How a Career in the Navy Prepared Me for the Corporate World
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As simple as it may seem, I believe you’re either born with the call to serve or you’re not. The pride in service runs deep in my family, as nearly every generation has served in the military, with representation in every branch. I knew the only future for me upon graduating from Hamilton College was to become an officer in the Navy.
Between my father’s stories of his time spent in the Marine Corps, military movies and various sports coaches’ “motivation,” I thought I knew exactly what to expect when I began military training. I was pleasantly surprised to find that although physical training was a large part of joining the Navy, the environment was quite cerebral, with a main focus on leadership development. The skills I learned in those three months helped me excel as an intelligence officer, leading teams of incredible analysts in some of the most complex situations.
I absolutely cherished my experience in the Navy and thought I’d stay in for 30 years. But in 2013, I met my wife, Becky, now an Army major, and we proceeded to live apart for two years, trying to make our dual-military family work. During that time, advice from a wise Navy Chief resonated with me: “the Navy won’t keep you warm at night.” Despite trying our hardest to synch our careers, I knew I wanted to spend more time with my wife.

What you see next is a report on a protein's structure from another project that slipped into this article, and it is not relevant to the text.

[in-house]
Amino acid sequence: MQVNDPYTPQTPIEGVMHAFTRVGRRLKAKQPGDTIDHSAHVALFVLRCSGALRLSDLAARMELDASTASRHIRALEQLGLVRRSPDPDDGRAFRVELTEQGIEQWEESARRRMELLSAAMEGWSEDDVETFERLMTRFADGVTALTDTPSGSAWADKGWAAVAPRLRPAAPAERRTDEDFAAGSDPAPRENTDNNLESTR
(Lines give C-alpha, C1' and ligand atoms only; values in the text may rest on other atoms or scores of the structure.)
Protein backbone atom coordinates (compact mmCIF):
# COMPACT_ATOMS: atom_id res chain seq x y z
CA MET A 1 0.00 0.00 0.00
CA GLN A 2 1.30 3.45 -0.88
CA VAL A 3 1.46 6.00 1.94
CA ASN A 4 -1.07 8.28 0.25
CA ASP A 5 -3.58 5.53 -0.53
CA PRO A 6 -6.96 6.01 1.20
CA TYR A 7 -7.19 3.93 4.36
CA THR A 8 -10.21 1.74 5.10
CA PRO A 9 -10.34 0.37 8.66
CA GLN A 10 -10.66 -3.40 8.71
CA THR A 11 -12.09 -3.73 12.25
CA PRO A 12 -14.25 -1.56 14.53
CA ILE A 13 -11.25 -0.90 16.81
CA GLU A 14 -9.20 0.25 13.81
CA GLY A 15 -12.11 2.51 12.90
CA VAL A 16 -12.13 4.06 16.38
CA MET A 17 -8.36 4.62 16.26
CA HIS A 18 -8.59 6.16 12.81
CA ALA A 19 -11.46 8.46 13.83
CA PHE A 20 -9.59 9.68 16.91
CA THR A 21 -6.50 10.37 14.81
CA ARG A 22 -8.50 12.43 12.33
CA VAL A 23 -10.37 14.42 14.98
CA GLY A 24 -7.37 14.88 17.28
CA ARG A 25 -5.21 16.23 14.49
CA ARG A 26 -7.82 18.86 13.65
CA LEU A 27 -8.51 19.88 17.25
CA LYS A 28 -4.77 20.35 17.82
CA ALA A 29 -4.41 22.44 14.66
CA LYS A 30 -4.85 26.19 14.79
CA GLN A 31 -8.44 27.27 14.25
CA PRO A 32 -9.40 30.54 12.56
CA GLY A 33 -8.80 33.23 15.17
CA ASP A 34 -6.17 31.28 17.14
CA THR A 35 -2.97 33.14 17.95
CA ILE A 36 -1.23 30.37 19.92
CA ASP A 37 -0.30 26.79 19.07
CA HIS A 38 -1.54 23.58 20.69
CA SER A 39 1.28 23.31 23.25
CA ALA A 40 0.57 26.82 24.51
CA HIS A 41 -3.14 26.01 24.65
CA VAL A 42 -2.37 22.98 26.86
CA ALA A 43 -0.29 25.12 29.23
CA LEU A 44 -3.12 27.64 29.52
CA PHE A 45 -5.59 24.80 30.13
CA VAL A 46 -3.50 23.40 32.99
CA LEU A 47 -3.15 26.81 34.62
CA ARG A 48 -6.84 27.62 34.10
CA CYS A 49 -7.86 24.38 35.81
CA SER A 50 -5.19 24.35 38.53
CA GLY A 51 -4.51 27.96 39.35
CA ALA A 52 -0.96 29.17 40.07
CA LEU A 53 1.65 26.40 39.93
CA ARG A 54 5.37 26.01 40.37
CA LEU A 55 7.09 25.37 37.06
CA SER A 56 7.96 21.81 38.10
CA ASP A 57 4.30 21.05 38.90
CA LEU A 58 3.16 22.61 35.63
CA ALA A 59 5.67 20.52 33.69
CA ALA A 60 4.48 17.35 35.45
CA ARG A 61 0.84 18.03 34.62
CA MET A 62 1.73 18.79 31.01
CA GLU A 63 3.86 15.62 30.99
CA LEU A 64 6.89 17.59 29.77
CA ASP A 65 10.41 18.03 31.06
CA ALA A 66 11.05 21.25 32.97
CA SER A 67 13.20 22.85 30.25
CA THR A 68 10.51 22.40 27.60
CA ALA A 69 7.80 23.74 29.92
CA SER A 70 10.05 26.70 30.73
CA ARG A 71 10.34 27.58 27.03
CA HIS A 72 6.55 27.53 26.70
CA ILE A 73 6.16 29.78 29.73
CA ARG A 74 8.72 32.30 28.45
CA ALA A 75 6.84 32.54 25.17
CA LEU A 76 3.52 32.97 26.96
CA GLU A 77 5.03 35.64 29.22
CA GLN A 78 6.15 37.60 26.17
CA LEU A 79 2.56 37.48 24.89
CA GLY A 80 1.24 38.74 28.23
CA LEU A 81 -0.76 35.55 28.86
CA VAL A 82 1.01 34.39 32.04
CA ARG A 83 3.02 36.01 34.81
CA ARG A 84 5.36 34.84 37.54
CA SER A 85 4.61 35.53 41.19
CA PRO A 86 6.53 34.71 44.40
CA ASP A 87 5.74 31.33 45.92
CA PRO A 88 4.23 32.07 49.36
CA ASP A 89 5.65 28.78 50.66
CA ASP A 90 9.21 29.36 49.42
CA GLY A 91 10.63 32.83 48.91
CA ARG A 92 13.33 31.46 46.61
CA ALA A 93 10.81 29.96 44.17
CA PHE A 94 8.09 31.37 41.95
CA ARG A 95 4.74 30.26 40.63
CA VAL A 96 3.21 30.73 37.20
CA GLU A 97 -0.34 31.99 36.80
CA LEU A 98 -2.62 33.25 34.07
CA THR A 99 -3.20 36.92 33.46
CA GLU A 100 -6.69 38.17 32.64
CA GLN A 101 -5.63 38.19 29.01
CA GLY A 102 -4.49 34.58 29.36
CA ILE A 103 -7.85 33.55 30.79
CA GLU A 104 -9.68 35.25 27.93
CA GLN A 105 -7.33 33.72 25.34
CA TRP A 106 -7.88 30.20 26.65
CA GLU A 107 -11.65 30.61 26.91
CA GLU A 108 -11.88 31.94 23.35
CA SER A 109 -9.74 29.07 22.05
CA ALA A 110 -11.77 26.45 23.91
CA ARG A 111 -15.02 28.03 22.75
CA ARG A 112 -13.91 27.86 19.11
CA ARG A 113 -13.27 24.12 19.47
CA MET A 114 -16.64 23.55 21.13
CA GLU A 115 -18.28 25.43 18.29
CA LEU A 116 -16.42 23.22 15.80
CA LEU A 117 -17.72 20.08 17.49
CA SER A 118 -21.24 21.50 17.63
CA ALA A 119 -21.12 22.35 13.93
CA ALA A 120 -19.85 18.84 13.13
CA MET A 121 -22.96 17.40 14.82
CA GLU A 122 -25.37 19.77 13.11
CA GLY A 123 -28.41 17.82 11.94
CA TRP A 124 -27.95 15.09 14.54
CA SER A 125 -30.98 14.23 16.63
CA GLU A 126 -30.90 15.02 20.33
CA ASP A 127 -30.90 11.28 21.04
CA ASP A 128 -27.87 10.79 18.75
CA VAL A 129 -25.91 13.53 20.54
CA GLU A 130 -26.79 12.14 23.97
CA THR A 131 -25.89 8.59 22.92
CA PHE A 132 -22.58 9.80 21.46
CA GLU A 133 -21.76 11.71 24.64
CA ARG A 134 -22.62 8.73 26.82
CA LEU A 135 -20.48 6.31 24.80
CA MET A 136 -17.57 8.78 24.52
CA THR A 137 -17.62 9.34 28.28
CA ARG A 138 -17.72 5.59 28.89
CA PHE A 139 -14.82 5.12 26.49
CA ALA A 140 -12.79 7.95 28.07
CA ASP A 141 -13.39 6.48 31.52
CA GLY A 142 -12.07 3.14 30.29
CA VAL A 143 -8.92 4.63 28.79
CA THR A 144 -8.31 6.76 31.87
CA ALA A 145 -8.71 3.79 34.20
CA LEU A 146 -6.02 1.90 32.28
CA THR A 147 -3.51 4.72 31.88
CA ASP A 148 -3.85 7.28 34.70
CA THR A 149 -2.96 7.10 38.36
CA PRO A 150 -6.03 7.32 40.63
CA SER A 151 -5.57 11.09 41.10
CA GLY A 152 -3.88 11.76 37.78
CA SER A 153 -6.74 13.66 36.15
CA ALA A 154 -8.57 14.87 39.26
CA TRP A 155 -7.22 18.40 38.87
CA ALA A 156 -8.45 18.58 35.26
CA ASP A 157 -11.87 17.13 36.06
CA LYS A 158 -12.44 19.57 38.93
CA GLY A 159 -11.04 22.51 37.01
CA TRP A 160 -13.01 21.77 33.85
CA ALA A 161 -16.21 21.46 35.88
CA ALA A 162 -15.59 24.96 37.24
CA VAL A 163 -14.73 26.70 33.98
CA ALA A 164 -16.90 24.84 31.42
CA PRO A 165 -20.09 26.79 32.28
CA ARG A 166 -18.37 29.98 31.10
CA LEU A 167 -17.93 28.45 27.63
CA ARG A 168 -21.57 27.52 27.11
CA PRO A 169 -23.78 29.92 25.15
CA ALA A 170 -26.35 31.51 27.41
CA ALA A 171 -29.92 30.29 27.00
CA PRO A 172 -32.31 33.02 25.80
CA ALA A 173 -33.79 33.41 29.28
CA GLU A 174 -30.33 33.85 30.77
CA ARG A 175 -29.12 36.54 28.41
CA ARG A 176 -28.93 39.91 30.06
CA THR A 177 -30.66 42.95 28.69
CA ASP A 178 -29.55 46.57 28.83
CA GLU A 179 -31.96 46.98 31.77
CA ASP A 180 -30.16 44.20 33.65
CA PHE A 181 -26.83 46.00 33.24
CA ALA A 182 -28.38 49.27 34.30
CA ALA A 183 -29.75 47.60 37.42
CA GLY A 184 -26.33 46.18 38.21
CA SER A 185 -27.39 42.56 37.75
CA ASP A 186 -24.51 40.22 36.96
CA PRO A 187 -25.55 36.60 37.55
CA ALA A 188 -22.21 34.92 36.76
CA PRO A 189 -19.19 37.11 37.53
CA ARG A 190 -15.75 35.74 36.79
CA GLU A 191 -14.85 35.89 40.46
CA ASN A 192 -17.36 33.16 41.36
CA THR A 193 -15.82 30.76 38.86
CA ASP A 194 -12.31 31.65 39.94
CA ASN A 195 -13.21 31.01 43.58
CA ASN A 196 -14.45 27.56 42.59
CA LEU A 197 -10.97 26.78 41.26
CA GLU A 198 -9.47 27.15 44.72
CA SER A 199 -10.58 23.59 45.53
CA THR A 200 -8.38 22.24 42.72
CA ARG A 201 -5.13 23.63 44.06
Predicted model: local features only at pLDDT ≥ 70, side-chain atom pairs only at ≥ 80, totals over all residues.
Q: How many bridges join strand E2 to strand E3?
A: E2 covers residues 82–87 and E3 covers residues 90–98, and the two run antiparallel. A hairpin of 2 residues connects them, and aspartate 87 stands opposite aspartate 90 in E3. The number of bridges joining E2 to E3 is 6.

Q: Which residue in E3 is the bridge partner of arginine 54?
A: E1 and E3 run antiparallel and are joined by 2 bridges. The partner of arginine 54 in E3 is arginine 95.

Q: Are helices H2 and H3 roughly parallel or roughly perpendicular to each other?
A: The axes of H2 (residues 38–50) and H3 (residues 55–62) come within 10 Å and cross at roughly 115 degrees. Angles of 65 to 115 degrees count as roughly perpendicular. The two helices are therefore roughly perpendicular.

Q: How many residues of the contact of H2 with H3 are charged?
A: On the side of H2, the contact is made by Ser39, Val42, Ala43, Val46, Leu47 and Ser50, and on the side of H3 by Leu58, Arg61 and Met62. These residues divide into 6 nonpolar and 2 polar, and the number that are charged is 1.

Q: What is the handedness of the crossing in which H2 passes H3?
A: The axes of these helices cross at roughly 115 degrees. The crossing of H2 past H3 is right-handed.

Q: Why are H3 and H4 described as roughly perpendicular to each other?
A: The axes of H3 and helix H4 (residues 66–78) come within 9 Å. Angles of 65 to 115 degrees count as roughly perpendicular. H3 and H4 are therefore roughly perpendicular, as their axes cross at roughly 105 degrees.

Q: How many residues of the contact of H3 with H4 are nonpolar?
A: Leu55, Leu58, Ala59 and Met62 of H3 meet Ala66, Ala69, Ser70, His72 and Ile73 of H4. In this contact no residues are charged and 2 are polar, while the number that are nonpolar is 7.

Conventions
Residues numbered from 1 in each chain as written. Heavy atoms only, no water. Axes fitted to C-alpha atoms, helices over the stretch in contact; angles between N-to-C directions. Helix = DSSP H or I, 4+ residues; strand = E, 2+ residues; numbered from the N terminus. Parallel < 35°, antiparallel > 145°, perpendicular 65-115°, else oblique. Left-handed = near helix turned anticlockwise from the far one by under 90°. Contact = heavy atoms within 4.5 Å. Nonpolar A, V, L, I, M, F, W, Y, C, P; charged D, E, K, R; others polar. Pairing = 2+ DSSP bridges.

Feeling useless is a terrible, terrible thing.
I left the Navy in 2015 and moved to West Point where Becky would be teaching English. As she finished her master’s degree, I spent full “work days” trying to find a job, which became increasingly discouraging. After a few months I was finally offered a lifeguard position at the Military Academy; I guess they figured that if I had been in the Navy, I could probably swim. To be honest, being out of work was tough and my ego took a hit — feeling useless is a terrible, terrible thing. Becky, being one of my biggest champions, insisted I aim higher and set my sights on New York City.
That is how I ended up at JPMorgan Chase. As a vice president on the Global Intelligence Team under Global Security and Investigations, I evaluate worldwide threats and advise our employees about safety.
Transitioning to the civilian workforce was easy, however the hardest part was filling out my wardrobe. Even though I wear a suit every day now, I suppose I never really shook the routine and comfort of a uniform. Jokes aside, just like the Navy, JPMorgan Chase is a company where you have the opportunity to help others and work toward the greater good to make the world a better place. Sure, a new career is scary at first. In the military, your service record speaks for you, but in the corporate world, you have to start from scratch. Still, I’m lucky to have found my niche and to do something I love.
In the Navy, I learned about service above self, which is a key piece of my military experience that I carried over to this new chapter. If someone needs help, I always make myself available to provide support. It is an honor to grow a career at JPMorgan Chase and I invite my fellow veterans to continue in their own tradition of service.
Caitlin McGilley is vice president of Global Intelligence and Global Security Investigations at JPMorgan Chase.